When the COVID-19 pandemic grounded planes and closed hotels around the world, the travel industry was immediately in dire straits. However, between the pent-up demand for travel and the resumption of everyday activities, the industry has rebounded, creating ample opportunities for online travel agencies.
Despite the earnings power of companies like Booking Holdings Inc (NASDAQ:BKNG) and Expedia Group Inc (NASDAQ:EXPE), share prices remain weak, creating potentially attractive entry points.
Recovery in the travel industry
The United Nations World Tourism Organization (UNWTO) recorded almost 250 million international arrivals in the first five months of 2022, compared to 77 million in the first five months of 2021. These figures show that the travel industry has recovered almost half of its pre-pandemic level Plains, meaning there is a significant runway for growth.
Meanwhile, Booking has surpassed pre-pandemic levels, reporting 213 million room nights for the second quarter of 2019 and 246 million room nights in the second quarter of 2022. With the travel industry still having plenty of room to recover, it suggests that Booking is poised for significant growth in the coming years.
Booking does most of its business in Europe, and the continent remains in recovery mode. In fact, the European Travel Commission estimates that Europe will regain 70% of its pre-pandemic travel demand in 2022. Booking’s greater exposure to Europe also suggests that significant growth is likely over the next few years.
Booking, Expedia benefit from regional recreation
According to recent 13F filings, Booking has been a popular position among hedge funds. Regulatory filings have shown that Expedia is also a favorite of hedge funds. Together, these two online travel agencies provide access to Europe and the US, which UNWTO says are leading the way in travel recovery.
The agency found that Europe saw more than four times the number of international arrivals in 2022 compared to the first five months of 2021. Meanwhile, arrivals in the Americas more than doubled year-on-year, demonstrating the region’s contribution to the travel industry recovery clarified.
But other parts of the world are also contributing to the recovery. Arrivals in the Middle East increased 157% from 2021, while arrivals in Africa increased 156% year-on-year, although the two regions remained 54% and 50% below their 2019 levels, respectively.
Arrivals in Asia and the Pacific nearly doubled in 2022 but remained 90% below their pre-pandemic levels due to the continued closure of some borders to non-essential travel.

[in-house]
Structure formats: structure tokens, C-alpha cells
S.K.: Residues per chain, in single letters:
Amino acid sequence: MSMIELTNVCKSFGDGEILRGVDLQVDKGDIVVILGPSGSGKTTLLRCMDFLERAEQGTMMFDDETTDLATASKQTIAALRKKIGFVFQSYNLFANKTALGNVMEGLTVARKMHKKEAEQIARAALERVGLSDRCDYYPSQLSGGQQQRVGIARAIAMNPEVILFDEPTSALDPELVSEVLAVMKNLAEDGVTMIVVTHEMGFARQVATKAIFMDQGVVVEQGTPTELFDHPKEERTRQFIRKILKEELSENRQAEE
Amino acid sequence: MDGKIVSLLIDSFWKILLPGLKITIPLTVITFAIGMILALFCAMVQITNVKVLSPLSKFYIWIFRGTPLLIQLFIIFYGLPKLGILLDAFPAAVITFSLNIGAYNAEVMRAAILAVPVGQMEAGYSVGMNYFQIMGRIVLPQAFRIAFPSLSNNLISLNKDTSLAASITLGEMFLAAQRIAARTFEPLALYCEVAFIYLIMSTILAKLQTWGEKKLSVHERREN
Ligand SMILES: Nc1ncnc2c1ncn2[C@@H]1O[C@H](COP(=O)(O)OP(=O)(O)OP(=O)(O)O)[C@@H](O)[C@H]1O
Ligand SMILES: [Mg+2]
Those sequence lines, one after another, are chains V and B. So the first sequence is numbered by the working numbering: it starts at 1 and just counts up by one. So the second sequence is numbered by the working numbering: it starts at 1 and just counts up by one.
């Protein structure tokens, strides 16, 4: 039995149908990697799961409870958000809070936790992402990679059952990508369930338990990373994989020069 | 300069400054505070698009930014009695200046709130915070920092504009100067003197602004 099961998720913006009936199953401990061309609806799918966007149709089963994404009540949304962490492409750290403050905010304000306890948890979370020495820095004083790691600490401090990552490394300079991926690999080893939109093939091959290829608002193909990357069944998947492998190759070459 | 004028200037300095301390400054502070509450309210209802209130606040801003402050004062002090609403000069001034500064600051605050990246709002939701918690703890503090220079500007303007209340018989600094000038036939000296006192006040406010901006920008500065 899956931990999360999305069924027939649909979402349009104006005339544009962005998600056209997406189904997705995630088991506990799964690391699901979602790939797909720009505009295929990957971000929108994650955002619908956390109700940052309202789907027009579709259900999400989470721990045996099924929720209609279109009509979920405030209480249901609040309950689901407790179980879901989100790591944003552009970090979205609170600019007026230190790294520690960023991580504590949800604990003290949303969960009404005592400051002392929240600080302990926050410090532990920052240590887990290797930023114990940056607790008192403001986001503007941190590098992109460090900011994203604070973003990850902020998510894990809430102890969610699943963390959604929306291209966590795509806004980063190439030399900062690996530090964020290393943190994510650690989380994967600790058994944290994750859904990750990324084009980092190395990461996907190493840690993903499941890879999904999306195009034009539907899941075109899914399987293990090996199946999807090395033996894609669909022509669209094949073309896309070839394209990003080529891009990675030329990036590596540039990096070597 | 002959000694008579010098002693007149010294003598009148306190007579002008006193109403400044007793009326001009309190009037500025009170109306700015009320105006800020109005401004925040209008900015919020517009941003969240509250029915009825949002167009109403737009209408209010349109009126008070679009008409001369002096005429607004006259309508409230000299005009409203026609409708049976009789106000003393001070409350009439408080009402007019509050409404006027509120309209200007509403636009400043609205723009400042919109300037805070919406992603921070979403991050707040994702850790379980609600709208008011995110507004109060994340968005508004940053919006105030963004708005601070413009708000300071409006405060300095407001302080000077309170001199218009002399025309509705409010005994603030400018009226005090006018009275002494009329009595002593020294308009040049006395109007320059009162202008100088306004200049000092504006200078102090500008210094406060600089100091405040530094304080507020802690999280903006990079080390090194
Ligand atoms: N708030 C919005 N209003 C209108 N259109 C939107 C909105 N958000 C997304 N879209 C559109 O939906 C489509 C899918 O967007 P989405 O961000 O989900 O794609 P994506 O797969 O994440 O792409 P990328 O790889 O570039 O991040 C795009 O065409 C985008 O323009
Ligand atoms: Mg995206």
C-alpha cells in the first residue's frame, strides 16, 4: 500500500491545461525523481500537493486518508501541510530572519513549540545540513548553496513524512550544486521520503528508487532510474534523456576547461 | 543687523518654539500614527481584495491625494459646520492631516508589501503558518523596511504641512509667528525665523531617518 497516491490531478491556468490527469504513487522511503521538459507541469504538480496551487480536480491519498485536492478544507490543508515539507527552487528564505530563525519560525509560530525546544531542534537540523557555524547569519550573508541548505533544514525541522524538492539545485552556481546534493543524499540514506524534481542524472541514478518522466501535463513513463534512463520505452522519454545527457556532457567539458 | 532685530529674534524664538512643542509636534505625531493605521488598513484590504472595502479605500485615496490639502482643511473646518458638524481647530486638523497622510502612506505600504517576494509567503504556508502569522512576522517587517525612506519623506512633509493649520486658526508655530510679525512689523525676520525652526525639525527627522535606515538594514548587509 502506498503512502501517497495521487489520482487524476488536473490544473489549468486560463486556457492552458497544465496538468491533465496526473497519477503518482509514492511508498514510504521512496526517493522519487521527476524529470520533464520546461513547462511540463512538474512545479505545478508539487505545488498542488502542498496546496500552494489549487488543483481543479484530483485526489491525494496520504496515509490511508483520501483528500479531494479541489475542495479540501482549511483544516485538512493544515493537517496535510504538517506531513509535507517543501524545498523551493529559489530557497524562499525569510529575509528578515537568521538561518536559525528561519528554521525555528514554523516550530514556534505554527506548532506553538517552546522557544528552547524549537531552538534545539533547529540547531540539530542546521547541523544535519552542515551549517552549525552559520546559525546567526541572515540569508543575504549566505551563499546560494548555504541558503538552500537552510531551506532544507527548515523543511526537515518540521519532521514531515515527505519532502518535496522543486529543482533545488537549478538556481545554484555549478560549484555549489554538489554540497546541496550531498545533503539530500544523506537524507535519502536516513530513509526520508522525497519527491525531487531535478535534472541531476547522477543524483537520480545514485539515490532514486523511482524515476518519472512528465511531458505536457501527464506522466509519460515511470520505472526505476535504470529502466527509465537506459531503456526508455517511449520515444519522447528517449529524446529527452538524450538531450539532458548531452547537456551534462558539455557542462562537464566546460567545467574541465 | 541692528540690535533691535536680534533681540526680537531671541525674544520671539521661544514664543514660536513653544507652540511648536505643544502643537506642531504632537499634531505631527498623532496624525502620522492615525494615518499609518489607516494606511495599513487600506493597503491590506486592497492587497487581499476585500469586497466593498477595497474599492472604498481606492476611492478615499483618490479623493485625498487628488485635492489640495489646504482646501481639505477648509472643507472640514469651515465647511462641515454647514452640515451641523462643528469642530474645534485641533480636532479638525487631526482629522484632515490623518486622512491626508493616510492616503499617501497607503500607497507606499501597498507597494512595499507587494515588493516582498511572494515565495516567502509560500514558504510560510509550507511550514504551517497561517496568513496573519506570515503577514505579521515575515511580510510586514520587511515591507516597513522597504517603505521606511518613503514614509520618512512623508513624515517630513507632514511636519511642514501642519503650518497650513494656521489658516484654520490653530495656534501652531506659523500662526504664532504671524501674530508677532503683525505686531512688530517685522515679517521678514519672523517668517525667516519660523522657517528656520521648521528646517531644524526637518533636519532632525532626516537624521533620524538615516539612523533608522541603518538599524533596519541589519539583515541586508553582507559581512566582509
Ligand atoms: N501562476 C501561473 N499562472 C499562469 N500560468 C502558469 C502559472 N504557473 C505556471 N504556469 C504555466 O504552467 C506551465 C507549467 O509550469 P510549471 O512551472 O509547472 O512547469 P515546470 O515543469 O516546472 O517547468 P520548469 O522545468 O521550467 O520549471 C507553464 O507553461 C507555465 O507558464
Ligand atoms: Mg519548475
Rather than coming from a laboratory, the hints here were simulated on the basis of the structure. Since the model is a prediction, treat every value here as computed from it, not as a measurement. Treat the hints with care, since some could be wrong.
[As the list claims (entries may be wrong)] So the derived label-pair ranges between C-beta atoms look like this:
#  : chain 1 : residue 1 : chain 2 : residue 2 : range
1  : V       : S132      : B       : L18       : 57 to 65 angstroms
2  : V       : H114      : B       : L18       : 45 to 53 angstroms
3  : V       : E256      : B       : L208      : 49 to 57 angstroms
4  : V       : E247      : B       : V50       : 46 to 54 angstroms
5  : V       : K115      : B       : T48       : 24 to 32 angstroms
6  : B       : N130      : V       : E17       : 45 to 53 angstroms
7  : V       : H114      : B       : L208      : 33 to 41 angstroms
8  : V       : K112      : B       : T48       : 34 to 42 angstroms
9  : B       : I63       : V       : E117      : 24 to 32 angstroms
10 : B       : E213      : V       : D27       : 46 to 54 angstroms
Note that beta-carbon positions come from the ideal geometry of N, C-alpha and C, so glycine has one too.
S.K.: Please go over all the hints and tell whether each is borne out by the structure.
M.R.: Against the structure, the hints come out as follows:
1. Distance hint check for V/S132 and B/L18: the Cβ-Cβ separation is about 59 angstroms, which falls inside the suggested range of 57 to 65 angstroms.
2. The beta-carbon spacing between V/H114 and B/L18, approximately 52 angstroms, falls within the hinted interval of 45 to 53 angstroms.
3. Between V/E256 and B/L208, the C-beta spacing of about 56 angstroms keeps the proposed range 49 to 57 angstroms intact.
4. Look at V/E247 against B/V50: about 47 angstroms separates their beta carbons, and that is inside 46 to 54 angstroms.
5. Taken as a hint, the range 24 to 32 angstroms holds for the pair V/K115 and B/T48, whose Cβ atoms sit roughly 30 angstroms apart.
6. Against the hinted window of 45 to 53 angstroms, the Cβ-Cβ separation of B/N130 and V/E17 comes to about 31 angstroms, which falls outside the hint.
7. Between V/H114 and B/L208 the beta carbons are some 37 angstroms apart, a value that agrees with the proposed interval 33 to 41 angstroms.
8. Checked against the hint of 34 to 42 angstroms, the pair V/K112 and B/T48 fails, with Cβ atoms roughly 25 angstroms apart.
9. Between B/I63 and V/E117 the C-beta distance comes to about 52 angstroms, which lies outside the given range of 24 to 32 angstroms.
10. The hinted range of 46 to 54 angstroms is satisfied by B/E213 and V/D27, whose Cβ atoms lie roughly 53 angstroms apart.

Tourism spending is also increasing
The numbers also show that travelers are spending more money on their trips, giving online travel agencies like Booking and Expedia another boost.
UNWTO noted growing tourism spending from key source markets, pushing international spending by tourists from France, Germany, Italy and the US to between 70% and 85% of pre-pandemic levels. Meanwhile, spending by travelers from India, Saudi Arabia and Qatar has already surpassed 2019 levels.
Soaring tourism spending and soaring arrivals are interesting given this year’s skyrocketing global inflation. Growth in Europe is also surprising due to tensions caused by Russia’s invasion of Ukraine.
It seems that pent-up demand more than offsets such concerns, although much of the growth is in short-haul rather than long-haul travel.
Booking and Expedia
While Booking primarily operates in Europe, Expedia gets most of its business from the US. While they don’t necessarily compete with each other much, Booking has recovered from the pandemic much faster than Expedia.
Booking is also much bigger than Expedia, which led one hedge fund manager to say that he likes both Expedia and Booking, but if it weren’t for Booking, Expedia would be one of the best companies in the world.
In the second quarter of 2022, Booking reported adjusted earnings of $21.07 per diluted share and $21.15 per basic share on revenue of $4.3 billion, compared to the prior-year figure of a net loss of $4.08 per basic and diluted share on sales of $2.16 billion.
Notably, Booking has been profitable throughout 2021. Additionally, the company’s balance sheet looks better than Expedia’s at $11.13 billion in cash and equivalents and $6.25 billion in current liabilities and $11.4 billion in total debt.
Expedia reported second-quarter adjusted earnings per share of $1.96 on sales of $3.2 billion, although it lost money in the first quarter. The company was just barely in the green for 2021 after its massive $2.7 billion loss in 2020.
Valuation-wise, Expedia looks cheaper than Booking, at about 13x P/E versus Booking’s roughly 17.55x. However, Booking’s faster recovery and higher earnings numbers show that a premium is warranted, and both companies look cheap compared to their historical price-to-earnings multiples.
This article originally appeared on ValueWalk
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